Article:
Sunday, August 2, 2009

Investing in People [David Skyberg]

Here’s an old saw that I bet you recognize: “Our people are our most important asset.” Or how about this one: “Investing in our people is just good business.” Truer words…

Yet while we all chant the same hymn, do we actually perform as if these are closely held beliefs? I will challenge you to consider how you make these axioms actionable. I’ll wager that most of us measure up woefully short.

Here’s an easy tell that might give away your position: is your training budget actually used? Or do you plan big at budgeting time with the best intentions, but consistently lament at the end of the cycle, “We just didn’t have the time to send folks to training this year.” Kimberly ought to have a flag for that (if you didn’t get that reference, you really need to come to the EL SIG more often)!

What does investing in our people actually look like? I will submit that it doesn’t look all that different than any other business objective. We ought to be able to set SMART goals (Specific, Measurable, Actionable, Realistic, Time-oriented) and be held accountable for our performance against them, just like any other goal.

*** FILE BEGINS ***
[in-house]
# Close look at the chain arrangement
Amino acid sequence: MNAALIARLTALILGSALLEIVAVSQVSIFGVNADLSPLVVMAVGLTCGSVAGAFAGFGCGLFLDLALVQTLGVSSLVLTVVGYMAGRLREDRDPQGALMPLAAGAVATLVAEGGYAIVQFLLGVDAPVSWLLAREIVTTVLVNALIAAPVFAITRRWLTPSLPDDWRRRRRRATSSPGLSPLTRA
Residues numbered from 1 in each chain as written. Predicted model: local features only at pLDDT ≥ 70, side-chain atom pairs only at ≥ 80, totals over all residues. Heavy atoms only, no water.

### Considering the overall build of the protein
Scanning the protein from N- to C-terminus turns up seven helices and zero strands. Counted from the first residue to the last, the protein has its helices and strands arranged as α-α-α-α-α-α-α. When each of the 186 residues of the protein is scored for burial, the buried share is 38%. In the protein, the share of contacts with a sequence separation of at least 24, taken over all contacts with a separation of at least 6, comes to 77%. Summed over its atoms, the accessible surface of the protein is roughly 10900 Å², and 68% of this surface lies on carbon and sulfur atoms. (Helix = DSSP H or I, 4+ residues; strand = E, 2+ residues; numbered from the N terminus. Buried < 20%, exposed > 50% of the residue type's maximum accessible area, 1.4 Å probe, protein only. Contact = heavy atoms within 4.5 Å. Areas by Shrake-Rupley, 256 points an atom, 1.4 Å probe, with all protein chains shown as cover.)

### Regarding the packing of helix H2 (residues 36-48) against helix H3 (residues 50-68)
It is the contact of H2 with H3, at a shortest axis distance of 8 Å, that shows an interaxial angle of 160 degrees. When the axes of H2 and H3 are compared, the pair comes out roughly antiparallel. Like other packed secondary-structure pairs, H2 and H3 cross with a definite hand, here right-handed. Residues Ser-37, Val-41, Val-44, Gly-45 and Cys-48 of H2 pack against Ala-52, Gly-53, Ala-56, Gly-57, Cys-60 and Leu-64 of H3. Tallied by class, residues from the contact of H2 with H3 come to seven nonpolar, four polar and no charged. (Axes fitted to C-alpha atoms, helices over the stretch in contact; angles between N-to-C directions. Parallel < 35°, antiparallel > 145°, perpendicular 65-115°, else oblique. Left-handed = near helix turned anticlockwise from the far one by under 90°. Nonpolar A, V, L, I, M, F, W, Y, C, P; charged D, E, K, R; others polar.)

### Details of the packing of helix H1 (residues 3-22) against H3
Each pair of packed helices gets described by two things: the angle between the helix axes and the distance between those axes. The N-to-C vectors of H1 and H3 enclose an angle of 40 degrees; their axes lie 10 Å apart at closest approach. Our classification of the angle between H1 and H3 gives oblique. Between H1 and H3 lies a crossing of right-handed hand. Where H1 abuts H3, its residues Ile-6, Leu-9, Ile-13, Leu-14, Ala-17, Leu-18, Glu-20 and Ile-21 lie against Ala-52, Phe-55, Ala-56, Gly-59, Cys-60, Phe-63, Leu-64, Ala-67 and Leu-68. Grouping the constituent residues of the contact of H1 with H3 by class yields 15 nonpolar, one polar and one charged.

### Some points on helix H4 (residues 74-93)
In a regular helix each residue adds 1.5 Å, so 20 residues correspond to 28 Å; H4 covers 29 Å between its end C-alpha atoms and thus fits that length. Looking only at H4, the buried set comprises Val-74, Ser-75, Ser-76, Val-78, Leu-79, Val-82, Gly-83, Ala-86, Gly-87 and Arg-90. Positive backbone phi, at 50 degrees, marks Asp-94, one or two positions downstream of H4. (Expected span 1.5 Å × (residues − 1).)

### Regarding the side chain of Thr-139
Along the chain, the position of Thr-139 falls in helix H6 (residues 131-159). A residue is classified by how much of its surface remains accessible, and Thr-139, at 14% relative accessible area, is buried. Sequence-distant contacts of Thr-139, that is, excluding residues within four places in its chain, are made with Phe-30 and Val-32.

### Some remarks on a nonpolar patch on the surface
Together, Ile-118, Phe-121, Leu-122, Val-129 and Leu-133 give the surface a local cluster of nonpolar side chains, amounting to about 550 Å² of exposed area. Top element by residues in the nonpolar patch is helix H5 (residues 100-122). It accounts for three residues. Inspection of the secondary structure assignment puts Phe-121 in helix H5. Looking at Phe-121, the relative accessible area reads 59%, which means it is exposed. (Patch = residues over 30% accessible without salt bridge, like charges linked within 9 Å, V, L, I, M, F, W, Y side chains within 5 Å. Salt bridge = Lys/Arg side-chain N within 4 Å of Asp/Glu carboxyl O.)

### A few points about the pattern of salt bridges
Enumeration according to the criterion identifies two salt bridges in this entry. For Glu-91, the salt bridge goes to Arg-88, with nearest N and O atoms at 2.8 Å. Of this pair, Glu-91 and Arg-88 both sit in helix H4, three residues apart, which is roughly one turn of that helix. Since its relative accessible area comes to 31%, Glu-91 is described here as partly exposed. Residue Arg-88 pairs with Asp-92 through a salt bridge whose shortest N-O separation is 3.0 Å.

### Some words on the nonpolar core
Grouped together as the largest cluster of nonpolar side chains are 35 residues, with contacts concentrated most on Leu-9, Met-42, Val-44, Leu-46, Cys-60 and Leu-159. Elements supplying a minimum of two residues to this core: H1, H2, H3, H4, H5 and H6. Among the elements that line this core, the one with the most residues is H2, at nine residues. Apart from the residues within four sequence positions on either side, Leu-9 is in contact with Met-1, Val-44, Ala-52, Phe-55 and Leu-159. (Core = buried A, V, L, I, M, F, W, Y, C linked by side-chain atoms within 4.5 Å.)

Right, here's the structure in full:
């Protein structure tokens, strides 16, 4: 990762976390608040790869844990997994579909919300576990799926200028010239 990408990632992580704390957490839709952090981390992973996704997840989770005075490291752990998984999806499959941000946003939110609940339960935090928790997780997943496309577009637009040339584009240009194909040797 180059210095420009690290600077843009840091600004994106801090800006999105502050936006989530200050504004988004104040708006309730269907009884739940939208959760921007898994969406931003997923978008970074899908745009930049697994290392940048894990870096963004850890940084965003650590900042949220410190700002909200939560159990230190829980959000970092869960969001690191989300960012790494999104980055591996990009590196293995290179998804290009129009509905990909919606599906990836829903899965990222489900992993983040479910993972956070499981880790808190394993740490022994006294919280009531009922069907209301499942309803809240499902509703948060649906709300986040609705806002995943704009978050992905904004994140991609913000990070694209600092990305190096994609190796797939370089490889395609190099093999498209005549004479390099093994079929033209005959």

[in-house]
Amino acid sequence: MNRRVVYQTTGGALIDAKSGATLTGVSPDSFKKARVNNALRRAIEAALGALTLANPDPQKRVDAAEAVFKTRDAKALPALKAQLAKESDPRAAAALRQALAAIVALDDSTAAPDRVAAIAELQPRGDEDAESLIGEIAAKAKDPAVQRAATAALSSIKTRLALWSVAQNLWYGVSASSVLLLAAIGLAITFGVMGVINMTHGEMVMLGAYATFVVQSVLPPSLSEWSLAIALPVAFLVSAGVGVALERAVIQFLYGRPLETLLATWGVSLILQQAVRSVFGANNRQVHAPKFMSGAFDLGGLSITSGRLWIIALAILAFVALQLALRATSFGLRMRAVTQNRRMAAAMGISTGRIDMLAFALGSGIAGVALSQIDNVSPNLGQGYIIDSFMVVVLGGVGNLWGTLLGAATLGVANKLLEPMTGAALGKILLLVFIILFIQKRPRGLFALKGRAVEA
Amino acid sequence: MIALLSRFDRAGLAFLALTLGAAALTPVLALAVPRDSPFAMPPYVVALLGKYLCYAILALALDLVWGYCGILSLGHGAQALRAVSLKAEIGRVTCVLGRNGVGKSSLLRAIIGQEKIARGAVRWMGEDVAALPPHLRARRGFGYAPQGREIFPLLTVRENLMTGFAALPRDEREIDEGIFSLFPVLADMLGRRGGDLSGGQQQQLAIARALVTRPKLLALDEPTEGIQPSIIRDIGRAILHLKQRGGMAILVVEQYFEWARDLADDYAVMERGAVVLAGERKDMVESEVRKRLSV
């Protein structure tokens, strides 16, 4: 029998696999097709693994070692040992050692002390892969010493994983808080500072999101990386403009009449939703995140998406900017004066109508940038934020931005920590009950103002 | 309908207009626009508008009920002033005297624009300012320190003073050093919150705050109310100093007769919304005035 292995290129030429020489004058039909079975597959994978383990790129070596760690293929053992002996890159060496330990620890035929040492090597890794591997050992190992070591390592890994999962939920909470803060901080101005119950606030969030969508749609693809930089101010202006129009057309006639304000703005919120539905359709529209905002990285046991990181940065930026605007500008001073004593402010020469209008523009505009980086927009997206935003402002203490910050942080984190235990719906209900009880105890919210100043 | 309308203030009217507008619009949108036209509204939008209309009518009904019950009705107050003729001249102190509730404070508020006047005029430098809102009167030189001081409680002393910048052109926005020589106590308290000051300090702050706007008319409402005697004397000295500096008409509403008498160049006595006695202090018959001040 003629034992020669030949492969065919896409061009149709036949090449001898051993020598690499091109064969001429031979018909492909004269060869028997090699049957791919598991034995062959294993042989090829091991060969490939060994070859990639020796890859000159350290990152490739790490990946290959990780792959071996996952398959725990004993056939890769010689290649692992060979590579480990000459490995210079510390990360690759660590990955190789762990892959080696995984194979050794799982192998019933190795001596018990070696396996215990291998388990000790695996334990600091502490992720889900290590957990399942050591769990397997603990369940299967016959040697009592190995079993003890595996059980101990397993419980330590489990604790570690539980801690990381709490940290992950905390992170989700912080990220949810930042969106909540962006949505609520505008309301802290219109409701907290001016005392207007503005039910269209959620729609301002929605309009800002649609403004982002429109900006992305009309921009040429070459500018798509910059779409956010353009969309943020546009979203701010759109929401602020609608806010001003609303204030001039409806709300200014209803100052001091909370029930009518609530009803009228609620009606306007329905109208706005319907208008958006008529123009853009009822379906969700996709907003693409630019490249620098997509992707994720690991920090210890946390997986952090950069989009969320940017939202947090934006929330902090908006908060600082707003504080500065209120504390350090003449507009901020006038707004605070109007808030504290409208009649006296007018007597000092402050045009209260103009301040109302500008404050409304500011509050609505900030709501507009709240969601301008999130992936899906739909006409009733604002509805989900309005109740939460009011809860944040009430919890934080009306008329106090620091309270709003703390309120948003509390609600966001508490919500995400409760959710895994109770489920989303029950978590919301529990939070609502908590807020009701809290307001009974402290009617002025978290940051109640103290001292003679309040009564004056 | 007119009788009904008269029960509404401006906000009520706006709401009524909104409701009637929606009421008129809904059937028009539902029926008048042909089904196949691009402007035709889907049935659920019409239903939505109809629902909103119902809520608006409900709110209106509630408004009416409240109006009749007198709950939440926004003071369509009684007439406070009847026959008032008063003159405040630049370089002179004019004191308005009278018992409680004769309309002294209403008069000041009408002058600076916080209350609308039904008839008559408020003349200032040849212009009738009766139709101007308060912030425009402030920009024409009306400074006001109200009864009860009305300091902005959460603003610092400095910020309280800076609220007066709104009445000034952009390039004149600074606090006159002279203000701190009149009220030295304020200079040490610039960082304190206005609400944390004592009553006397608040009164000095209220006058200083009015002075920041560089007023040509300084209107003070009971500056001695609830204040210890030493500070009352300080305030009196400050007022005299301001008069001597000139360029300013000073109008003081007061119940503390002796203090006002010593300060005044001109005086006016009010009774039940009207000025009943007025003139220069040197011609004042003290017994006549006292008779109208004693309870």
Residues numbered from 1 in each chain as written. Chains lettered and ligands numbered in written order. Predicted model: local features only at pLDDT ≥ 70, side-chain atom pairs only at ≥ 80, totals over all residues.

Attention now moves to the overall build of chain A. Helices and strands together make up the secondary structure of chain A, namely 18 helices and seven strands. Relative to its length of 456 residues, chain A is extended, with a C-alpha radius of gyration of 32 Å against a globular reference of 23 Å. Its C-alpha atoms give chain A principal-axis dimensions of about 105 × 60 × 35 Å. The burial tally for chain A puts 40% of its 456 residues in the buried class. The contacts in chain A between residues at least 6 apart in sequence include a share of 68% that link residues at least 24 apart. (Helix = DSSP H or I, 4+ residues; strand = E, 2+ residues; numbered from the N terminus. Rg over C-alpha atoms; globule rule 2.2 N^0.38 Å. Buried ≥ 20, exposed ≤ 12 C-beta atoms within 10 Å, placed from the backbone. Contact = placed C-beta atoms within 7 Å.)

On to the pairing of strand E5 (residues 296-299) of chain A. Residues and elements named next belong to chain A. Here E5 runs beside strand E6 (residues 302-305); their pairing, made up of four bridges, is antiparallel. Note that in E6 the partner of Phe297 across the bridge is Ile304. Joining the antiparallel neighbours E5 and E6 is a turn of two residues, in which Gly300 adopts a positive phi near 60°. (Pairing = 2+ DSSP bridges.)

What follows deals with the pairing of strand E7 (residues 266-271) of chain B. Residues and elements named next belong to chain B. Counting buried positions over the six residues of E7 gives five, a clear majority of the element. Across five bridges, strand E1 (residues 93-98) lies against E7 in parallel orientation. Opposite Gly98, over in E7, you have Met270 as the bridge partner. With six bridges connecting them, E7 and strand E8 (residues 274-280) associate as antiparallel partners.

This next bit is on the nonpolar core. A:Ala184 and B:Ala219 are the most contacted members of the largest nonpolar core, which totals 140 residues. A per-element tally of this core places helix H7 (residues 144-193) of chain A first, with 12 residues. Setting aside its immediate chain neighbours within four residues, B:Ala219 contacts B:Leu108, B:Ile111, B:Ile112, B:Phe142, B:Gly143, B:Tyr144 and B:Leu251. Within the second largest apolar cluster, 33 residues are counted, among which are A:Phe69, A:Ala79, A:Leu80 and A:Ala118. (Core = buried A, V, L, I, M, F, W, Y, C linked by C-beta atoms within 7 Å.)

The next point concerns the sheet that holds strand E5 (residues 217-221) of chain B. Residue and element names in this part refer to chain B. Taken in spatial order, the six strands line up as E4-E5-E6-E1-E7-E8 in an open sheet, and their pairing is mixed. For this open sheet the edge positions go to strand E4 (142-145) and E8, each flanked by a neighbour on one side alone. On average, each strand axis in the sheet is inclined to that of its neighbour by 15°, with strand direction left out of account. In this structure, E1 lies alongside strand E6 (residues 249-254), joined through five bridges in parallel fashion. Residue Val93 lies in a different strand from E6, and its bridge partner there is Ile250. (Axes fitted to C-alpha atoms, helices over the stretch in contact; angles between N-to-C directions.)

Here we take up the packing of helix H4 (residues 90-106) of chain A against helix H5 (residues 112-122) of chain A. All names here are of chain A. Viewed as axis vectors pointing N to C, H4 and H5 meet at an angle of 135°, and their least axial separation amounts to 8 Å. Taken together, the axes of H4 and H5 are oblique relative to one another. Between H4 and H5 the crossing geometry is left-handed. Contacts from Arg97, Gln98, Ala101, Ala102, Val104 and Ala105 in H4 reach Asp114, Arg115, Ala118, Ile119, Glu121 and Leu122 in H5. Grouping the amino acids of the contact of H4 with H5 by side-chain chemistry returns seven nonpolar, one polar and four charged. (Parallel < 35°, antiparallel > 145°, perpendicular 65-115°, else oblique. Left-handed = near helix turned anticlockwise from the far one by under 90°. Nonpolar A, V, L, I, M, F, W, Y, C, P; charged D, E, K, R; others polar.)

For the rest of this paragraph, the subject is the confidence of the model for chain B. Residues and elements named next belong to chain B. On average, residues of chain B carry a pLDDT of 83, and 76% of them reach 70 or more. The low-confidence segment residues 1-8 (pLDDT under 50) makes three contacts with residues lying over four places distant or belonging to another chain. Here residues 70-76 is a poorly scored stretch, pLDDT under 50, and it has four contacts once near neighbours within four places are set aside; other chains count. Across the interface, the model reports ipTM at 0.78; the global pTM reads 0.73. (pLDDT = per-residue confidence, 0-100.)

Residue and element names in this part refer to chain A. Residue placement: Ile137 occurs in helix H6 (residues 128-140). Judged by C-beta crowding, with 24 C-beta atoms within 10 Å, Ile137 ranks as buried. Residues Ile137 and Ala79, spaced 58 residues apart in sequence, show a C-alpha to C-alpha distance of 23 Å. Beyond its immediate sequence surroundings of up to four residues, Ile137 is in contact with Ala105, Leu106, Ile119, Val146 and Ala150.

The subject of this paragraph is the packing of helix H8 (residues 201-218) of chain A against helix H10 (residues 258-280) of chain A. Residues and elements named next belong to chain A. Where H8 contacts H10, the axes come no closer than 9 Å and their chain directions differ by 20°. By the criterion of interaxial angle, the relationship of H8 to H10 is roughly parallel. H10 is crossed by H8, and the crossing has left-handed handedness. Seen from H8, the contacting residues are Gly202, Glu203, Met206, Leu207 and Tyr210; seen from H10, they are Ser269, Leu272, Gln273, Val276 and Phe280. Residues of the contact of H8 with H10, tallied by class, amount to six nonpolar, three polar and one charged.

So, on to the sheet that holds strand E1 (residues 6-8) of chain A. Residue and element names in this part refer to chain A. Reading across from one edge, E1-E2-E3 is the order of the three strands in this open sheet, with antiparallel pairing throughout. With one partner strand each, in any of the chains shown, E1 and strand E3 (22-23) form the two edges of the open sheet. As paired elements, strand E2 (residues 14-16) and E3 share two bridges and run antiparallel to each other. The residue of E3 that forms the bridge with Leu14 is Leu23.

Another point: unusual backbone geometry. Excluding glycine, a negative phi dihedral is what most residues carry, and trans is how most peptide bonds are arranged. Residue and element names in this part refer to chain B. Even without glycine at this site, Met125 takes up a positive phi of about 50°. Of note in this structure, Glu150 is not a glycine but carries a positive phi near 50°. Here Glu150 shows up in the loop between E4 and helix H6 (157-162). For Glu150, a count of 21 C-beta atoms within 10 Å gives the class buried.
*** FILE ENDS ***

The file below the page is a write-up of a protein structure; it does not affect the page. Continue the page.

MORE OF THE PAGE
Now it starts to get interesting. If we are going to have real, actionable goals, how do we establish a vision to drive our goal setting? From my perspective, if you are looking internally for this vision, you may be a bit off target right from the start! If our people are the focus, then it is their vision that really needs to be paramount in the plan. But wait! What if their vision doesn’t sync up nicely with our needs? For instance, what if Janice, your ace tester, wants to become a developer? What if Johnny’s vision is to leave development altogether and become a product manager? What if Jane’s vision is to leave your enterprise app company and get into smart grid development?

The bottom line is that if you are really invested in your people, then it doesn’t matter what their career goals are. It only matters that you uphold them and honor the individual in the process. If you do this, then for the time that they are on your team, they will be better performers, and you will be creating an alluring culture.

So here’s my quick recipe for acting on the goal of truly cherishing your people, and raising them to be all that they can be.